Water Filtration Systems
One of the most important things you can do for your family's health is to ensure clean, pure drinking water is flowing from your taps. With quality products from Watts, we can help you meet that goal. There are particles, disolved organics, disolved inorganics and bacteria in your tap water that can be removed using various type of filtration processes. Here is a brief explanation of each:
Sediment filtration uses a filter media to trap particulates out of the water. The filter media comes in the different styles of depth, screen and surface filters, all with the function of removing sediment from the water. Using the right combination can be highly effective and be the most cost effective way to eliminate sediment from your water.
Taste & Odor Filtration
Filter media usually doesn't trap the dissolved inorganics and other contaminants that effect your water's taste and smell. Using activated carbon filtration to absorb these contaminants from the water is the best way to eliminate odor and taste issues. The carbon adsorption process is controlled by the diameter of the pores in the carbon filter and by the diffusion rate of organic molecules through the pores. The rate of adsorption is a function of the molecular weight and the molecular size of the organics. Carbon is usually used in combination with other treatment processes. The placement of carbon in relation to other components is an important consideration in the design of a water purification system.
Reverse osmosis (RO) is the most economical method of removing 90% to 99% of all contaminants. The pore structure of RO membranes is much tighter than UF membranes. RO membranes are capable of rejecting practically all particles, bacteria and organics. In fact, reverse osmosis technology is used by most leading water bottling plants.
Reverse osmosis is highly effective in removing several impurities from water such as total dissolved solids (TDS), turbidity, asbestos, lead and other toxic heavy metals, radium, and many dissolved organics. The process will also remove chlorinated pesticides and most heavier-weight VOCs. Reverse osmosis and activated carbon filtration are complementary processes. Combining them results in the most effective treatment against the broadest range of water impurities and contaminants.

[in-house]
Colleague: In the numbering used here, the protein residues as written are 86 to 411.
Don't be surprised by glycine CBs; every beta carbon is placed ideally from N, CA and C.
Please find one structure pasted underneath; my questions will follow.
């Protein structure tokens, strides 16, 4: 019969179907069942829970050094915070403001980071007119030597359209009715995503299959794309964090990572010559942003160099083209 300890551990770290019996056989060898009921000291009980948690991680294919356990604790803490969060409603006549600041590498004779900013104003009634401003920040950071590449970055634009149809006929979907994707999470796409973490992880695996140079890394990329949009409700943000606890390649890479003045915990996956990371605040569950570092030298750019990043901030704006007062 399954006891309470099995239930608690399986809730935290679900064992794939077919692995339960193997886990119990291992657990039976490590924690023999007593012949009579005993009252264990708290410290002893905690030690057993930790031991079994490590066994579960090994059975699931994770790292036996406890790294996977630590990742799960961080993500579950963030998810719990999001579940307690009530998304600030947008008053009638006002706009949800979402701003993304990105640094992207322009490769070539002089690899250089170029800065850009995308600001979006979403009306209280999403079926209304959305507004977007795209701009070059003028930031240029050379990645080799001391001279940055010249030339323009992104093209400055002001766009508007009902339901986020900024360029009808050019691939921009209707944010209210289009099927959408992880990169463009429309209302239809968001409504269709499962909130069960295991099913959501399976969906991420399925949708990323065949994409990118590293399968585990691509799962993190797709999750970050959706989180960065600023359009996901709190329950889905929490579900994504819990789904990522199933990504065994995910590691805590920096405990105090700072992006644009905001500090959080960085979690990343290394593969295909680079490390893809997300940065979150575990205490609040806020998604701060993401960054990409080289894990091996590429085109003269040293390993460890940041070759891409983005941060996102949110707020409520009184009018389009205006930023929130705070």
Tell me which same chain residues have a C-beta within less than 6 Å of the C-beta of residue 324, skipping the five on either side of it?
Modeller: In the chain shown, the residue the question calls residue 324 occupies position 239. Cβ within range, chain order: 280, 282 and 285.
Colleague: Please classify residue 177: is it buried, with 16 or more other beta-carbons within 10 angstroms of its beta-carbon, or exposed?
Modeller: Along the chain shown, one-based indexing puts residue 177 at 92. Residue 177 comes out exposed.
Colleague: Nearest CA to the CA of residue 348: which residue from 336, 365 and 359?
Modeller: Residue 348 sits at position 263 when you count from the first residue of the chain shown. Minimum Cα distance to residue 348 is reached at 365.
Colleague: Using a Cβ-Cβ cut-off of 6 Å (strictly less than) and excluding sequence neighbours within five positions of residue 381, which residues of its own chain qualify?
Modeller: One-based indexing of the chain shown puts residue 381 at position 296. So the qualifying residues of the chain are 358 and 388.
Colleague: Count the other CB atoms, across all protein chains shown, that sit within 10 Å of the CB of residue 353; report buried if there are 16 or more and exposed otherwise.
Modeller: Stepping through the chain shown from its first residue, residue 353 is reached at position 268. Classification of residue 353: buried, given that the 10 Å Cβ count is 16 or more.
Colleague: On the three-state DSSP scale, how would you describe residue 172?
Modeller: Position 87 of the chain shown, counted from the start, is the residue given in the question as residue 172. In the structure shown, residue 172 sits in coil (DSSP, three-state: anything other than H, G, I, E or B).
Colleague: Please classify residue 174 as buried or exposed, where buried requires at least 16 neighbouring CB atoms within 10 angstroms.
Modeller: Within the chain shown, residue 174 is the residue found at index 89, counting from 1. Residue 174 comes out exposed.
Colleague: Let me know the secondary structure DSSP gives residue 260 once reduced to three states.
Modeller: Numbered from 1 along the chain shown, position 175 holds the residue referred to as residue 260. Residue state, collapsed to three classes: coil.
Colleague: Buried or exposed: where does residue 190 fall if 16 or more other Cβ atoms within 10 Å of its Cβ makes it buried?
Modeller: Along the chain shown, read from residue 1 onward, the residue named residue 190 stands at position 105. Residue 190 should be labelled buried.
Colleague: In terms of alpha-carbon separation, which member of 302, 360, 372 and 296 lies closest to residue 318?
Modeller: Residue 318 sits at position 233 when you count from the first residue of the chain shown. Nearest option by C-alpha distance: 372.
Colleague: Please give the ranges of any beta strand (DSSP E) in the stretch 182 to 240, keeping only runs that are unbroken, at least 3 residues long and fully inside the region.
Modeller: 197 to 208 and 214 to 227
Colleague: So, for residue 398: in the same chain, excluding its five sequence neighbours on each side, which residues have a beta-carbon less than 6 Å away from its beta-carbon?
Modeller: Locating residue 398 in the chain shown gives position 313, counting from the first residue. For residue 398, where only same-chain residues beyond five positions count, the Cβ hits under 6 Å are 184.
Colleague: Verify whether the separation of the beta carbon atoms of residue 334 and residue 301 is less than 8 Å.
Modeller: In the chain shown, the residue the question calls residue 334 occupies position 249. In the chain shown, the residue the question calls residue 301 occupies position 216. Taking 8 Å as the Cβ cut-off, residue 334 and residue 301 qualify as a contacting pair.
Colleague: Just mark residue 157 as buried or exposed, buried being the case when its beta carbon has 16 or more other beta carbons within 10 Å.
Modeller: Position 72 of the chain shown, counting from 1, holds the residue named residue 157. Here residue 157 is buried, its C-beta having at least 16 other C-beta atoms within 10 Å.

Water & Contamintants
“Contaminants in Water Are Legal but Still Pose Big Health Risks Environmental Group Says” - Read the full USA Today article here.
RevitaLife RO Drinking Water System
Protects against contaminants and restores essential minerals for better taste.
Toxin Shield Whole House City Water Filtration System
Removes chlorine, chloramine, disinfection by-products and many other contaminants.
Iron Shield Whole House Well Water Filtration System
Eliminates iron, rotten egg odor (H2S), manganese, sediment and many contaminants.
Title: Contaminants in water are legal but still pose big health risks, environmental group says
Published in USA Today, July 26, 2017 | Updated July 27, 2017 | By: Sarah Toy
Contaminants detected in water samples throughout the country pose health risks but are perfectly legal under the Safe Drinking Water Act, according to data released Wednesday by an environmental advocacy group.
“Most people turn on their tap water and think: It’s clear, I live in America, we have these laws, I’m being protected,” said Nneka Leiba, director of the Healthy Living Science Program for the Environmental Working Group (EWG). “What people don’t realize is that there have been no additions to the list of regulated chemicals for drinking water since 1996.”